The swing called me. A bench swing hanging from a Douglas Fir at the edge of the grove where chanterelles pop up their golden heads in autumn, it overlooks the estuary where geese, ducks, loons, and sometimes a Great Blue Heron or two like to fish. The wind sprites like to visit there and voices of the Nature Sprits we call Fairies are strong. So I sat, let the afternoon breeze clear the overloaded synapses in my mind, watched the water, listened to the trees, and followed my breath to silence. As the sun sank below the horizon and the gray “between time” crept across the sky, glimmers of understanding popped out with the first stars.

We mortals believe our lives are lived in light, that what we see is real. In the dark, when our eyes can’t be our guides, our imaginations populate surrounding space with monsters and demons drawn from our fears. What’s that crackling in the underbrush? What’s the thump outside my door? If I sit quietly and wait, will it eat me? At what point in our lives did our relationship with the unknown – the dark – become one of fear rather than anticipation? When did we turn our creativity to imagining monsters in the dark, rather than Angels – or Fairies?

Do you remember a time when the dark was a place of magic? Where your imagination greeted the rustling in the bushes with the hope of seeing the King Stag or a unicorn? When the thump outside your door could be Santa’s bag as he lifted it from his sleigh? Perhaps you are one who remembers your own light sufficiently to know that there is no difference between what exists around you in darkness or daylight. Perhaps you know that what you see in daylight is also with you in the night and that the unseen worlds that manifest in the darkness surround you in the sunlight as well. Perhaps you are one who strides into the unknown dark of the future with relish, rather than looking over your shoulder to the past you can see. The conditioning you’ve received in our modern world tells you that what your eyes see is real, that what they don’t, is not. Does your heart remember what it knew before your mind told it not to believe in fairy tales?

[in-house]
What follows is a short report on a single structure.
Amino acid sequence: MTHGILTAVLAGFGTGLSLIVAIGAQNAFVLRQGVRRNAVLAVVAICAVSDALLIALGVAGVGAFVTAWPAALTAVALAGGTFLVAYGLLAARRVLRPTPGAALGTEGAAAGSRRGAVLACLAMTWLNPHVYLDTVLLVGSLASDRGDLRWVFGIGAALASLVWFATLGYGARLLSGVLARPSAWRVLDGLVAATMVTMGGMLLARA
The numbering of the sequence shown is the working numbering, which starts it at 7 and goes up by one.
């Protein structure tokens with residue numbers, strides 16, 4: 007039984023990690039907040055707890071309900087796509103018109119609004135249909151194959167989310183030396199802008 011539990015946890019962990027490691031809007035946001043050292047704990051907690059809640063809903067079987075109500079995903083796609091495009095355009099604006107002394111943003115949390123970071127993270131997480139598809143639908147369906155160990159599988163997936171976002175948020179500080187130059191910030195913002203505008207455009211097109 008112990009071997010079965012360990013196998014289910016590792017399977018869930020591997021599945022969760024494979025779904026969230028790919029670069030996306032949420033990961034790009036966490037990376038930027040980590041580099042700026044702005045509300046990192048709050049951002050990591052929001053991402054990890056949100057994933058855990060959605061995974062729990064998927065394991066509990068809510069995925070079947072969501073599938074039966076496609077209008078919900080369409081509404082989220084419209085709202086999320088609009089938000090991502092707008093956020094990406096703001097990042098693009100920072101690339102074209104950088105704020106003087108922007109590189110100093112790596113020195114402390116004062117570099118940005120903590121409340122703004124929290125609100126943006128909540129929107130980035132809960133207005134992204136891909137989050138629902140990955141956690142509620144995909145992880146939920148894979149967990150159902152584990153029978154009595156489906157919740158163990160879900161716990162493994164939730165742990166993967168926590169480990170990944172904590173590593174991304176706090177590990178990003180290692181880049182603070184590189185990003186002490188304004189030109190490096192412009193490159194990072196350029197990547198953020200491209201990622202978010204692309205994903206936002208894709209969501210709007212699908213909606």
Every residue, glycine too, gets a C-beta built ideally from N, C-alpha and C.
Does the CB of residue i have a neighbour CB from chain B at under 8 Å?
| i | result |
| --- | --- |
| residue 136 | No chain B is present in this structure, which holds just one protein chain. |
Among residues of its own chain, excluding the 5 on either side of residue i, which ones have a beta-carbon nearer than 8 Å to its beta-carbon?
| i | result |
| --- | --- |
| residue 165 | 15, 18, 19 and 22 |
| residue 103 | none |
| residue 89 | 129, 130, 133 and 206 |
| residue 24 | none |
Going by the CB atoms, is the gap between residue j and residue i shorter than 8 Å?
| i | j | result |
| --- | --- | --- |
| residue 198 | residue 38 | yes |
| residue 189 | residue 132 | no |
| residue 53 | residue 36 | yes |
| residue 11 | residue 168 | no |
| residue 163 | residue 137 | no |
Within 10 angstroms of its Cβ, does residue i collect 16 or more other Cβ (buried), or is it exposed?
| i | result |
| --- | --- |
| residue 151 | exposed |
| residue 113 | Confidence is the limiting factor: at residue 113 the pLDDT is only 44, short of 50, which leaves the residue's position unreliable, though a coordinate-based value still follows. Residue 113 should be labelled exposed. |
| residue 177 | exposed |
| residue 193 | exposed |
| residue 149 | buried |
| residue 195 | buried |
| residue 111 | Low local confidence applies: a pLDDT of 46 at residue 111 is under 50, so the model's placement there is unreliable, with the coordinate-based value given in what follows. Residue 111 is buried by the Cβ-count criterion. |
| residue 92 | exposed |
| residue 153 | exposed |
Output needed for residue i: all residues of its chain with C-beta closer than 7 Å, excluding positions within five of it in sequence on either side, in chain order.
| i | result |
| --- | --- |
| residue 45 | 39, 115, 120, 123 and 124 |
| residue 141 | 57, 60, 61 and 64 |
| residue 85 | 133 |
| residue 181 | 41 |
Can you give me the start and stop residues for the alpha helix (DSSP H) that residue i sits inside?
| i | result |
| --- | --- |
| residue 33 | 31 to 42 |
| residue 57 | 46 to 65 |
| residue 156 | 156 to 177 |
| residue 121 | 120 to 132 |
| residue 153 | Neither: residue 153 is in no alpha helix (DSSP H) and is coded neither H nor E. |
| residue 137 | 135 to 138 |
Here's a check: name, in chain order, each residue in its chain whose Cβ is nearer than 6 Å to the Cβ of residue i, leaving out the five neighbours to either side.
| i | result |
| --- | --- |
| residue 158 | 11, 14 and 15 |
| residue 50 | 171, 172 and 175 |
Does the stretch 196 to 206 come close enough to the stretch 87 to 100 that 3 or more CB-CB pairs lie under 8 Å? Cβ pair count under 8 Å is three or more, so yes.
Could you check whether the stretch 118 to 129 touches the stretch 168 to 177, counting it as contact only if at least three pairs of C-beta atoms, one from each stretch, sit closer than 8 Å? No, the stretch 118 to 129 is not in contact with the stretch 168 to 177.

This year, on the longest night, return to what your heart knows and celebrate the dark. Extinguish the lights, even the hearth fire, and sit for a moment in the stillness and solitude of dark. Smell the forest duff or the musty carpet. Taste pungent pine needles or the lingering residue of supper hanging in the air. Listen to a mouse scuttling through leaves or your refrigerator motor kicking in. Feel your breath as it winds its way into your nostrils, to your lungs, and back out again. Feel your heart beating. Do it all with your eyes open because, when we close our eyes, we’re not really in the dark, we’re just turned inward and disconnected.